For the growth rate test, cells were cultured in medium at an initial concentration of 104/ml, using a total of 21 plates for each condition. Cells were counted each day, using a hemocytometer under a light microscope, in three (calculation of mean ± SD) of the 21 plates, so the growth rate could be determined after 7 days. A clonogenic assay to measure colony formation was used according to a previously described method [46]. Briefly, cells were harvested with treatment by trypsinization, producing a single-cell suspension, and then 200 cells were seeded into a 6-well plate and cultured for about 2 weeks. The colonies were stained with a mixture of 6.0% glutaraldehyde and 0.5% crystal violet for about 30 min, then carefully removed and rinsed with tap water. After that, the colonies were counted and calculated.

WST assay

The cytotoxic effect of siXIAP on ALL cells was determined using the water-soluble tetrazolium salt (WST) assay. Briefly, cells cultured in 96-well microtiter plates were given different concentrations of siXIAP, for a 48-h period. Following this, WST (25 μg/well) was added and incubation continued for an additional 4 h before the optical density (OD) of the wells was read with a microplate reader (set at a test wavelength of 450 nm and a reference wavelength of 620 nm). Appropriate controls lacking cells were included, to determine background absorbance.

Flow cytometry

For the quantitative detection of apoptotic cells, we performed annexin-V staining followed by flow cytometry. Cells with or without treatment were harvested and washed once with PBS, and then stained with FITC-annexin-V and PI, according to the manufacturer’s instructions. The cells were analyzed by flow cytometry.

Declarations

Acknowledgments

This work was supported by the National Institutes of Health (R01 CA123490 and R01CA143107 to MZ), CURE Childhood Cancer (to MZ and LG) and St. Baldrick’s Foundation (to MZ).

Authors’ Affiliations

(1)
Department of Pediatrics and Aflac Cancer and Blood Disorders Center, Emory University School of Medicine

References

  1. Momand J, Jung D, Wilczynski S, Niland J. The MDM2 gene amplification database. Nucleic Acids Res. 1998;26(15):3453–9.View ArticlePubMed CentralPubMedGoogle Scholar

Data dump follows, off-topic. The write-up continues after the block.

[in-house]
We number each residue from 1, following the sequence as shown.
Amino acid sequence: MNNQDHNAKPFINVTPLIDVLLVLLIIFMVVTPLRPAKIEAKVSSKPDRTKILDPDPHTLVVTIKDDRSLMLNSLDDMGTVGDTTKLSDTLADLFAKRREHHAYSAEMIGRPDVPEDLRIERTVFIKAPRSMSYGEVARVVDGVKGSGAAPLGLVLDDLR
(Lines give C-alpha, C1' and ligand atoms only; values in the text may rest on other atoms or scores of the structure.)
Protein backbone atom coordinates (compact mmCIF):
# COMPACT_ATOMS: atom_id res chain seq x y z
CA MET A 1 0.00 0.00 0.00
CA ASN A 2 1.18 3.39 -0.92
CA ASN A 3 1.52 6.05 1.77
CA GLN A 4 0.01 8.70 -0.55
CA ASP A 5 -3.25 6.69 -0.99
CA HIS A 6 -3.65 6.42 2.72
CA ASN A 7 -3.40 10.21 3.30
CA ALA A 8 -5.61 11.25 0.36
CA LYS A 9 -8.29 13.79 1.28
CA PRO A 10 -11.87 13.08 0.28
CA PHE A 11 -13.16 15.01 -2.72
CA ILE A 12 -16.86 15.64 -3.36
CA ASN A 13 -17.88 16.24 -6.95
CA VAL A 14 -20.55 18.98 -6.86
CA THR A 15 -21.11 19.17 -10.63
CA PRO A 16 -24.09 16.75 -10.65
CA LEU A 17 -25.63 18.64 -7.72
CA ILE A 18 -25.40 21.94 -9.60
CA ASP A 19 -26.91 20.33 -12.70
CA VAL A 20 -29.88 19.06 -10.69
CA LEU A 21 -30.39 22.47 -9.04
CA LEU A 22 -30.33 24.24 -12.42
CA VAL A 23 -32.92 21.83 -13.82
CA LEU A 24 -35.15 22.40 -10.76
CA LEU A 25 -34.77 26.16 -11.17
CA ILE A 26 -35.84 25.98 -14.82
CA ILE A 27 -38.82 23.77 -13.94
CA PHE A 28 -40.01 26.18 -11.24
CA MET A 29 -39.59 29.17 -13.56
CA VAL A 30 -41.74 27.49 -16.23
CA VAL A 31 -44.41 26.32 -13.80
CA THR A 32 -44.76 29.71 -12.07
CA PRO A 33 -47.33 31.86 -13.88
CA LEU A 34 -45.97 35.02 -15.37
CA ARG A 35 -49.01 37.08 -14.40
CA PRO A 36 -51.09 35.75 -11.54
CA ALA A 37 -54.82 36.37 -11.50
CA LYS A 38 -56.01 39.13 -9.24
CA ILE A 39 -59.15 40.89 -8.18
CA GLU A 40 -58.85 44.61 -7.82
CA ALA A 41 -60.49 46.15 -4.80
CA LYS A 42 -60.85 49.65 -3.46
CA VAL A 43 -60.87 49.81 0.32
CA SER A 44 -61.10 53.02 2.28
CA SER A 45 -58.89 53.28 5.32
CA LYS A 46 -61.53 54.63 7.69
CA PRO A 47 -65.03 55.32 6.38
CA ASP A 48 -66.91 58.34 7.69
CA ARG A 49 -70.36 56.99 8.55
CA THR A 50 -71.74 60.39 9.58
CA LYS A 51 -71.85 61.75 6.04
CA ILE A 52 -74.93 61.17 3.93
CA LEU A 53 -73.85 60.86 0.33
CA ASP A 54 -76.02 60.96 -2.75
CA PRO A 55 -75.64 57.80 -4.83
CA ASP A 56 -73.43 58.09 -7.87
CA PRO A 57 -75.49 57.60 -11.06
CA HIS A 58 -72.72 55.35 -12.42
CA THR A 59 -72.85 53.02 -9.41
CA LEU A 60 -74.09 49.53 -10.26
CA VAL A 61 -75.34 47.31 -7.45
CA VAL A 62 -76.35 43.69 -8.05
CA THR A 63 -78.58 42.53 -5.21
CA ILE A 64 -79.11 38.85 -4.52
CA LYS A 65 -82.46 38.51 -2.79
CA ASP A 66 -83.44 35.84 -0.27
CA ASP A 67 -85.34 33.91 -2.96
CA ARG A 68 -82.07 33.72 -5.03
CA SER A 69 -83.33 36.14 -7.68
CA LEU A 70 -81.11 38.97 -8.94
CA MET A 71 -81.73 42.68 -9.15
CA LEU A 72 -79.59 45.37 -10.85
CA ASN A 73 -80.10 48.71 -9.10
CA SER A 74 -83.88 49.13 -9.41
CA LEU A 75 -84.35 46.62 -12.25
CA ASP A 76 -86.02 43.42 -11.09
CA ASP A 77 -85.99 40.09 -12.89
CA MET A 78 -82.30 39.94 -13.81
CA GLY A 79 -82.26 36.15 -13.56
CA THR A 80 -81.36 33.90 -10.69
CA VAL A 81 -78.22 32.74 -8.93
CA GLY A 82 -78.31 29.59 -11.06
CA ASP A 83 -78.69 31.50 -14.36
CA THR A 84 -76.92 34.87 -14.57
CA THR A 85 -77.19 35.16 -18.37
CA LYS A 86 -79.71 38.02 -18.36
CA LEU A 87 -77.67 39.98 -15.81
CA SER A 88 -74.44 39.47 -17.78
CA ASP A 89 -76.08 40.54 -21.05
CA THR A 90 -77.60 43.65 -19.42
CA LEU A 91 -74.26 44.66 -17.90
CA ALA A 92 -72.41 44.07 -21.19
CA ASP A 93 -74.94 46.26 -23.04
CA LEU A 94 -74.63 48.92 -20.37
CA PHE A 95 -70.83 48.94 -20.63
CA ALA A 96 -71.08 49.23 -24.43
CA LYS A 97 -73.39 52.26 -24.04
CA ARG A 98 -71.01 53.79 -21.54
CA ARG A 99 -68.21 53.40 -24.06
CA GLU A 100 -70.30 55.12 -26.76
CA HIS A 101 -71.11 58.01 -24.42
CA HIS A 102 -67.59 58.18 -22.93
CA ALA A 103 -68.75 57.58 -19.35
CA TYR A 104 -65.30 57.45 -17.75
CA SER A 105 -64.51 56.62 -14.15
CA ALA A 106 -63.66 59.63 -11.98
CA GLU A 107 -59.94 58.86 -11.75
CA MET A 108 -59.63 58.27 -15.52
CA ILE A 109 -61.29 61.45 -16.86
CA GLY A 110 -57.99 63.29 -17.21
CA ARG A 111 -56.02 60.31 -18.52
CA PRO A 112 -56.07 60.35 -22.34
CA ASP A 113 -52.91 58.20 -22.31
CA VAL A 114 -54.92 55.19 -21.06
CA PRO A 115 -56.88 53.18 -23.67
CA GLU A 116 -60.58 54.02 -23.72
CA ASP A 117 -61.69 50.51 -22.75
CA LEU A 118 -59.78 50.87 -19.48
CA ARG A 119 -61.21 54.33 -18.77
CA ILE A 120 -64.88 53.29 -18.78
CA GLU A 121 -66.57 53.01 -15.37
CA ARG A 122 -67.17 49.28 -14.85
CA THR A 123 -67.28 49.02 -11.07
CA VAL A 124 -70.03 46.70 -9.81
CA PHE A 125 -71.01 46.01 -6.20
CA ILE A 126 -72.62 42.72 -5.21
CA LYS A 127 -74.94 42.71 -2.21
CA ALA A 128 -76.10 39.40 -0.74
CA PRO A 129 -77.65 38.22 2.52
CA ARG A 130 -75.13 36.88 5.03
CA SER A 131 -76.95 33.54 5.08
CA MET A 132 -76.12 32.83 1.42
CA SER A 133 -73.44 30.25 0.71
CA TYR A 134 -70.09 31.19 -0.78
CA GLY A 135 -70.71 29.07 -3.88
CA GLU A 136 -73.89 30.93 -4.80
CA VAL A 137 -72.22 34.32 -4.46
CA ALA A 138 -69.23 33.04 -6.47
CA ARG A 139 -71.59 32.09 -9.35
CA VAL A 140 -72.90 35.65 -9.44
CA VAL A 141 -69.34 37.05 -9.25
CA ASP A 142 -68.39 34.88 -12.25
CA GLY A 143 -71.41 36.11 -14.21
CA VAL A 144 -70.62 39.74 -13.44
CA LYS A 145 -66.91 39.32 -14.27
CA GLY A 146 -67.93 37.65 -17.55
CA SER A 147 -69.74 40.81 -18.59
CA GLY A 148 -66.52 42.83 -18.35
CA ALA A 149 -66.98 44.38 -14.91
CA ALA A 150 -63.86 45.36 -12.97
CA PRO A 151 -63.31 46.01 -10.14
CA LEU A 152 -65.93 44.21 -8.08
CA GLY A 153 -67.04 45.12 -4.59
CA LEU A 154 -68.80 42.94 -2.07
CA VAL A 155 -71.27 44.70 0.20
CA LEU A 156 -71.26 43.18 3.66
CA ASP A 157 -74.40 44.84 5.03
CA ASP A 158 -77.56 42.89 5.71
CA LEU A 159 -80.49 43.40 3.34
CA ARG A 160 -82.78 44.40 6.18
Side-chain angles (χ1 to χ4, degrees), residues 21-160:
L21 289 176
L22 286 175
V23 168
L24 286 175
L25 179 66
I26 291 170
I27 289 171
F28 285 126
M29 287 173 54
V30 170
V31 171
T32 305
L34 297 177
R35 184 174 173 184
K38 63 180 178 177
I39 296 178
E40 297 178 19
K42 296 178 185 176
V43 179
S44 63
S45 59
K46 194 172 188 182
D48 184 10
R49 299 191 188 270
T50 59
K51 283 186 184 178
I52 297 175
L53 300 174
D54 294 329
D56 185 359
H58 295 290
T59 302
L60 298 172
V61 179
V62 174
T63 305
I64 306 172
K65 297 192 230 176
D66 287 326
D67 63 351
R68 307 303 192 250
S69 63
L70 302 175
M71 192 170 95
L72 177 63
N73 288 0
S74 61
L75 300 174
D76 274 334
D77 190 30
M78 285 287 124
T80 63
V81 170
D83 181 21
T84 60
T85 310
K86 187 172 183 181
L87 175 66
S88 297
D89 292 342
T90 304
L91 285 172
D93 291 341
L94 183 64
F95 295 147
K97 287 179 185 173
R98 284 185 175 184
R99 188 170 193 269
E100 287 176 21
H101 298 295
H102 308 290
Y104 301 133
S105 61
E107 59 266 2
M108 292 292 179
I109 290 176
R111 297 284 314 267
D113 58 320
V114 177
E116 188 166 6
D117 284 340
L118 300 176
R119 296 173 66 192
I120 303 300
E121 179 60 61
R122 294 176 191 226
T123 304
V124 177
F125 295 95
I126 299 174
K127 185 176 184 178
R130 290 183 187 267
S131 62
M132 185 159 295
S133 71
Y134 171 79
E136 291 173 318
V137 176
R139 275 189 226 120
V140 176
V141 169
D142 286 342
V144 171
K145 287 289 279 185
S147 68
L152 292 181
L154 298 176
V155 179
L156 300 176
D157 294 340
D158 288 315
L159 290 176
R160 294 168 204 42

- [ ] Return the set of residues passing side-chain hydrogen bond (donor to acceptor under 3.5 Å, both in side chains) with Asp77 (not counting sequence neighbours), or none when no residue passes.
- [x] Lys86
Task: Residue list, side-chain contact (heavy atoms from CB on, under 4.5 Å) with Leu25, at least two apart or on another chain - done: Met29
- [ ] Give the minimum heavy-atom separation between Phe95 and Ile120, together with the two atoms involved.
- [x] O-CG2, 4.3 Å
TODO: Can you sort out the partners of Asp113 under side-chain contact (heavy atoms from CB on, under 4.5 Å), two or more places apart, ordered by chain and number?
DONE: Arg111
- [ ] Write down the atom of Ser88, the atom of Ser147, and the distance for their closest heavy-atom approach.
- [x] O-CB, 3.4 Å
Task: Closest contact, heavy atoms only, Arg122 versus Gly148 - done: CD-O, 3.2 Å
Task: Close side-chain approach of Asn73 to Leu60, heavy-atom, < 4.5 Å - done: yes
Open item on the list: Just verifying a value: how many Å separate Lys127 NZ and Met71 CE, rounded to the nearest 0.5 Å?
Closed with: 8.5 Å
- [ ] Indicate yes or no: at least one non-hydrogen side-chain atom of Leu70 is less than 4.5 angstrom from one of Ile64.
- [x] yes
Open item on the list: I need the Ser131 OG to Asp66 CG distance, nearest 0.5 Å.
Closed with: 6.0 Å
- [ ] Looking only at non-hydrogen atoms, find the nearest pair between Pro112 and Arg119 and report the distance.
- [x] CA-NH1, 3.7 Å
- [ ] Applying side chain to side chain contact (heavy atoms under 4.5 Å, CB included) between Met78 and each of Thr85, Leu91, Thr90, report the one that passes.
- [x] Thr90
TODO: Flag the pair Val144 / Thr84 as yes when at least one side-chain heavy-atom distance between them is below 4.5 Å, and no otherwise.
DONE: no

2. Bueso-Ramos CE, Yang Y, de Leon E, McCown P, Stass SA, Albitar M. The human MDM-2 oncogene is overexpressed in leukemias. Blood. 1993;82(9):2617–23.PubMedGoogle Scholar
  3. Nakayama T, Toguchida J, Wadayama B, Kanoe H, Kotoura Y, Sasaki MS. MDM2 gene amplification in bone and soft-tissue tumors: association with tumor progression in differentiated adipose-tissue tumors. Int J Cancer J Int du cancer. 1995;64(5):342–6.View ArticleGoogle Scholar
  4. Teoh G, Urashima M, Ogata A, Chauhan D, DeCaprio JA, Treon SP, et al. MDM2 protein overexpression promotes proliferation and survival of multiple myeloma cells. Blood. 1997;90(5):1982–92.PubMedGoogle Scholar
  5. Zhou M, Gu L, Abshire TC, Homans A, Billett AL, Yeager AM, et al. Incidence and prognostic significance of MDM2 oncoprotein overexpression in relapsed childhood acute lymphoblastic leukemia. Leukemia. 2000;14(1):61–7.View ArticlePubMedGoogle Scholar
  6. Polsky D, Melzer K, Hazan C, Panageas KS, Busam K, Drobnjak M, et al. HDM2 protein overexpression and prognosis in primary malignant melanoma. J Natl Cancer Inst. 2002;94(23):1803–6.View ArticlePubMedGoogle Scholar
  7. Momand J, Zambetti GP, Olson DC, George D, Levine AJ. The mdm-2 oncogene product forms a complex with the p53 protein and inhibits p53-mediated transactivation. Cell. 1992;69(7):1237–45.View ArticlePubMedGoogle Scholar
  8. Haupt Y, Maya R, Kazaz A, Oren M. Mdm2 promotes the rapid degradation of p53. Nat. 1997;387(6630):296–9.View ArticleGoogle Scholar
  9. Prives C. Signaling to p53: breaking the MDM2-p53 circuit. Cell. 1998;95(1):5–8.View ArticlePubMedGoogle Scholar
  10. Zhang Z, Zhang R. p53-independent activities of MDM2 and their relevance to cancer therapy. Curr Cancer Drug Targets. 2005;5(1):9–20.View ArticlePubMedGoogle Scholar